Bogut is expected to sign with the Cavaliers, although the Spurs could have a shot at him and other teams are asking to get in the mix (not his former team the Warriors, however).

NBA: Bulls beat Suns after two key missed calls late in fourth quarter

Chicago Bulls' Jimmy Butler (21) celebrates his game-tying shot late in the second half of the team's NBA basketball game against the Phoenix Suns on Friday, Feb. 24, 2017, in Chicago. The Bulls won in overtime,p 128-121. (AP Photo/Charles Rex Arbogast)
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The collective ‘we’ were happy the Bulls reached overtime against the Suns on Friday, because we saw Dwyane Wade‘s fantastic dagger dunk.

The Bulls were happy they reached overtime, because they won the game in the extra period.

But with correct officiating down the stretch, Phoenix probably would have won in regulation.

The Bulls got away with two key violations late in the fourth quarter, according to the NBA’s Last Two Minute Report.

First, Jimmy Butler got away with traveling with 1:58 left, per the league:

Butler (CHI) move his pivot foot.

Instead of a Chicago turnover, Butler kicked the ball to Nikola Mirotic, who hit a 3-pointer.

Then, Denzel Valentine got away with a defensive three-second violation with a minute left, per the league:

Valentine (CHI) is in the paint without actively guarding an opponent for longer than three seconds.

A correct call would’ve given any Sun on the court — either Eric Bledsoe (who’s making 85% of his free throws this season and 80% for his career) or Devin Booker (82%, 83%) — a single free throw and Phoenix a fresh shot clock.

Instead, the Suns — facing a tougher road penetrating the paint — turned the ball over.

On their own, those missed calls were each big swings. Together, they were huge in Chicago’s win.

Nets waive Luis Scola

NEW YORK, NY - NOVEMBER 04:  Luis Scola #4 of the Brooklyn Nets looks on against the Charlotte Hornets during the first half at Barclays Center on November 4, 2016 in New York City. NOTE TO USER: User expressly acknowledges and agrees that, by downloading and or using this photograph, User is consenting to the terms and conditions of the Getty Images License Agreement.  (Photo by Michael Reaves/Getty Images)
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NEW YORK (AP) — The Brooklyn Nets have waived veteran forward Luis Scola.

Scola averaged 5.1 points and 3.9 rebounds in 36 games this season, falling out of the rotation as the league-worst Nets focused more on their younger players, even though the Celtics hold swap rights on Brooklyn’s first-round pick.

General manager Sean Marks said Monday the Nets felt that Scola “deserved the opportunity to contribute to a playoff contender.” Because he was waived by the March 1 deadline, Scola would be eligible to sign with another team and appear on its playoff roster.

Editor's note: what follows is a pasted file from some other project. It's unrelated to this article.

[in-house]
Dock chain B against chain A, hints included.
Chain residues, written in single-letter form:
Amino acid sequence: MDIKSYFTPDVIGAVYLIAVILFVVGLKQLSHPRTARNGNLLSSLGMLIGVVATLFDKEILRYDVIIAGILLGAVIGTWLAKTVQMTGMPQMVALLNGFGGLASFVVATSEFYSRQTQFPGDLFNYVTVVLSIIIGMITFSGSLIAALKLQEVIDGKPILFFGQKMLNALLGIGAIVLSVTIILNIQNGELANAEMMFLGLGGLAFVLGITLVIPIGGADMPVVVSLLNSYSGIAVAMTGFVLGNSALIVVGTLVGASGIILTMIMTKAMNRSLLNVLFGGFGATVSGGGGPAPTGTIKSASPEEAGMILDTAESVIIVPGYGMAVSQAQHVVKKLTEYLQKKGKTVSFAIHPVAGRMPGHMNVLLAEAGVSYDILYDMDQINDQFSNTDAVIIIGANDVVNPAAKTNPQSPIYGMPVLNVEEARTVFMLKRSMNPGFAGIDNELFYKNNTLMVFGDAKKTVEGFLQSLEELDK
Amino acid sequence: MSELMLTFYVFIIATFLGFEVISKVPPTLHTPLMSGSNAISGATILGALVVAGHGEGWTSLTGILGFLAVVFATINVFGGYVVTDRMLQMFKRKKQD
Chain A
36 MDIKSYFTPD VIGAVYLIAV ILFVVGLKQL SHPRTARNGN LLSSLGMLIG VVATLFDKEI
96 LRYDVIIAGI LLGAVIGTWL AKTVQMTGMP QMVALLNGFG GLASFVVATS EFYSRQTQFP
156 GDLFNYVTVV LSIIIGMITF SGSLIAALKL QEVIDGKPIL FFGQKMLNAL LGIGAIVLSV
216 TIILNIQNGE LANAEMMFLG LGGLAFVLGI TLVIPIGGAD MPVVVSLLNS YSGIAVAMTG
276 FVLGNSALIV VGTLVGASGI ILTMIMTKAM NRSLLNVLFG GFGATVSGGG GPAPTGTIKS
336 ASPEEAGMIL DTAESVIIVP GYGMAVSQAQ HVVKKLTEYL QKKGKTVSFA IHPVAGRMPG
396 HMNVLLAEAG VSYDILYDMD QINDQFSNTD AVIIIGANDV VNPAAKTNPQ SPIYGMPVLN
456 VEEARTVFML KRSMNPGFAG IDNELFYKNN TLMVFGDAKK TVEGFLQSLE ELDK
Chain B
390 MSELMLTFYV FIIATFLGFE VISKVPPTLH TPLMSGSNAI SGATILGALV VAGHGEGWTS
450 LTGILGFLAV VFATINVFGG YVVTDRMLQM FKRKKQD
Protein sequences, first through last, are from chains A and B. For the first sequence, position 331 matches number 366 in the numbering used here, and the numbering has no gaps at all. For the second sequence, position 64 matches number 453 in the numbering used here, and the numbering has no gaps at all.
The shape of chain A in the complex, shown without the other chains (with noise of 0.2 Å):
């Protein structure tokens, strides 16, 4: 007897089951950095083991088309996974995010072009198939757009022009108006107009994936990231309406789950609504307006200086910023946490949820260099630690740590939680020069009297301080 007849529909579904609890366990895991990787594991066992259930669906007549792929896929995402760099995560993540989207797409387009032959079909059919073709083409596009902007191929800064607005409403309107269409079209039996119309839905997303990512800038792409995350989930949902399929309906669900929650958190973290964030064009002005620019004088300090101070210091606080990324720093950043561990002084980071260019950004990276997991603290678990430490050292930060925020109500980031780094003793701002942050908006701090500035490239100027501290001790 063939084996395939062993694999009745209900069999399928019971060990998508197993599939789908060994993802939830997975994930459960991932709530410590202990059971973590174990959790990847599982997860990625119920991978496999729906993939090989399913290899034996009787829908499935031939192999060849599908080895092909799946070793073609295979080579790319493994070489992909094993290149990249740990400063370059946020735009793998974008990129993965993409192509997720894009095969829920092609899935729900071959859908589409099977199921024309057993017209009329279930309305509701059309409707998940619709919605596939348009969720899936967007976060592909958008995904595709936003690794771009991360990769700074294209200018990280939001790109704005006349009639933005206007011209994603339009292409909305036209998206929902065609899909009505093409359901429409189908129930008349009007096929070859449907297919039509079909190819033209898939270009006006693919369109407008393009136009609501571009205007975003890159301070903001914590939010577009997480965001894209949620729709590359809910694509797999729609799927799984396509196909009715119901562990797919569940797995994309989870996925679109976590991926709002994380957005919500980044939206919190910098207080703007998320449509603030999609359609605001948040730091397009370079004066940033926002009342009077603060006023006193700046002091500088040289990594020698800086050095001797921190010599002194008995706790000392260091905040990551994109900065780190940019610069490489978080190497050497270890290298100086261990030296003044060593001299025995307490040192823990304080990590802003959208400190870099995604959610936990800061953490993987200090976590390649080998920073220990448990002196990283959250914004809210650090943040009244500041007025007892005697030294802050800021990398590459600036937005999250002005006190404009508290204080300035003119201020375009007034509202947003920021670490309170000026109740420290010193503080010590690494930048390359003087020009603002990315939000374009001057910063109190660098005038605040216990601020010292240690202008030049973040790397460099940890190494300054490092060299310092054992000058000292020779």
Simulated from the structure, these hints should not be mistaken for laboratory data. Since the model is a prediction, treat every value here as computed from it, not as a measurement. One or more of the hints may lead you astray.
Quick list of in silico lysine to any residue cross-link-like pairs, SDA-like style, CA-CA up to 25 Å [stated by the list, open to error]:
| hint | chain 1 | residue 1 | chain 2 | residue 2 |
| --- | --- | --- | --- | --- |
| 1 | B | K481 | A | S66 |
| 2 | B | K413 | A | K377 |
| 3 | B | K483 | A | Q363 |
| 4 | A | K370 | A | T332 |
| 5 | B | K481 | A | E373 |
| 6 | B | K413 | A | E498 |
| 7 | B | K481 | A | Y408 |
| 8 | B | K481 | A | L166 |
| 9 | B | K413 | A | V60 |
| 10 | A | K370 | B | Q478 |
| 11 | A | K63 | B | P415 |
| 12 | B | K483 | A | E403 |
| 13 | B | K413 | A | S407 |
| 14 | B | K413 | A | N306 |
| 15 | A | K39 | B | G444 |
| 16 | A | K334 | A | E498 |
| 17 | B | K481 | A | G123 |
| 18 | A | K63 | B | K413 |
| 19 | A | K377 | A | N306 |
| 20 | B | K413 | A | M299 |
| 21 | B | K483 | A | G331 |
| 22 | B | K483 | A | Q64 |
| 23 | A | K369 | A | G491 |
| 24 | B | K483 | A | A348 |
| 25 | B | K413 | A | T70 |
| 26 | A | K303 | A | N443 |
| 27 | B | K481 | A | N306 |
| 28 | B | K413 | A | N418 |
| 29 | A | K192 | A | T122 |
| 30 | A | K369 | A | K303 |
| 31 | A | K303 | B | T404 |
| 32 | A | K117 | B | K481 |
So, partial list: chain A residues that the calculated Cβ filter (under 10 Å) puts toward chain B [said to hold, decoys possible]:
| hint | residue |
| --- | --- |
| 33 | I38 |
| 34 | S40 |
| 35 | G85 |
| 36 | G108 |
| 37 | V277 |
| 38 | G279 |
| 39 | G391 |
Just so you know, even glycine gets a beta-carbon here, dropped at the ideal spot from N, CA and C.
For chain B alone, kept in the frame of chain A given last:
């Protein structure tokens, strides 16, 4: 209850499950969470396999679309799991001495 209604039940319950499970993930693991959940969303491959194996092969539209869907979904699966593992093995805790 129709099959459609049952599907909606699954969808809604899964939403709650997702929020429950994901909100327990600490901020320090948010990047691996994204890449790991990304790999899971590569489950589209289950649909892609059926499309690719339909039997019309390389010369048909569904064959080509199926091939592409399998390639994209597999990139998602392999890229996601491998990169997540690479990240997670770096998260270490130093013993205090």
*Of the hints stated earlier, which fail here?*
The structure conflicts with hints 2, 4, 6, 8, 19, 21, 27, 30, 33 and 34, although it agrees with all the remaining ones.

Scola has averaged 12 points while playing for five teams in his 10 NBA seasons, and won an Olympic gold medal with Argentina in 2004.

Raptors’ Kyle Lowry undergoing surgery, aims to return for playoffs

CLEVELAND, OH - MAY 25: Kyle Lowry #7 of the Toronto Raptors looks on in the second half against the Cleveland Cavaliers in game five of the Eastern Conference Finals during the 2016 NBA Playoffs at Quicken Loans Arena on May 25, 2016 in Cleveland, Ohio. NOTE TO USER: User expressly acknowledges and agrees that, by downloading and or using this photograph, User is consenting to the terms and conditions of the Getty Images License Agreement.  (Photo by Andy Lyons/Getty Images)
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Kyle Lowry playing through injury in the All-Star game then missing the Raptors’ first two games after the break has gone from a bad look to a major problem.

Raptors media relations:

Lowry is the Raptors best player, and answering his call, they upgraded around him by trading for Serge Ibaka and P.J. Tucker. Now Lowry isn’t around to lead the charge.

Maybe I’m reading too much into the wording, but merely aiming to return for the playoffs is hardly convincing. Does that mean there’s a chance he could miss the postseason?

That’d be a disaster for Toronto, which has put eggs in the basket for this season, Lowry’s last before unrestricted free agency.

Even if Lowry misses “only” several weeks and returns fully healthy for the playoffs, this harms the Raptors majorly. They’re fourth in the East, but barely behind the third-place Wizards and a chance to avoid the Cavaliers until the conference finals.

This is welcome news to Washington and the Celtics, who might be underdogs in the second round to Toronto’s souped-up roster. Now, it seems increasingly likely Cleveland would face the Raptors in the second round — if they get that far.

Cory Joseph is a fine backup, and Delon Wright offers intrigue as a third point guard. Pressing both up a level just invites problems.

Toronto’s trades positioned the Raptors to rise down the stretch. Now, they’ll just try to hold their ground.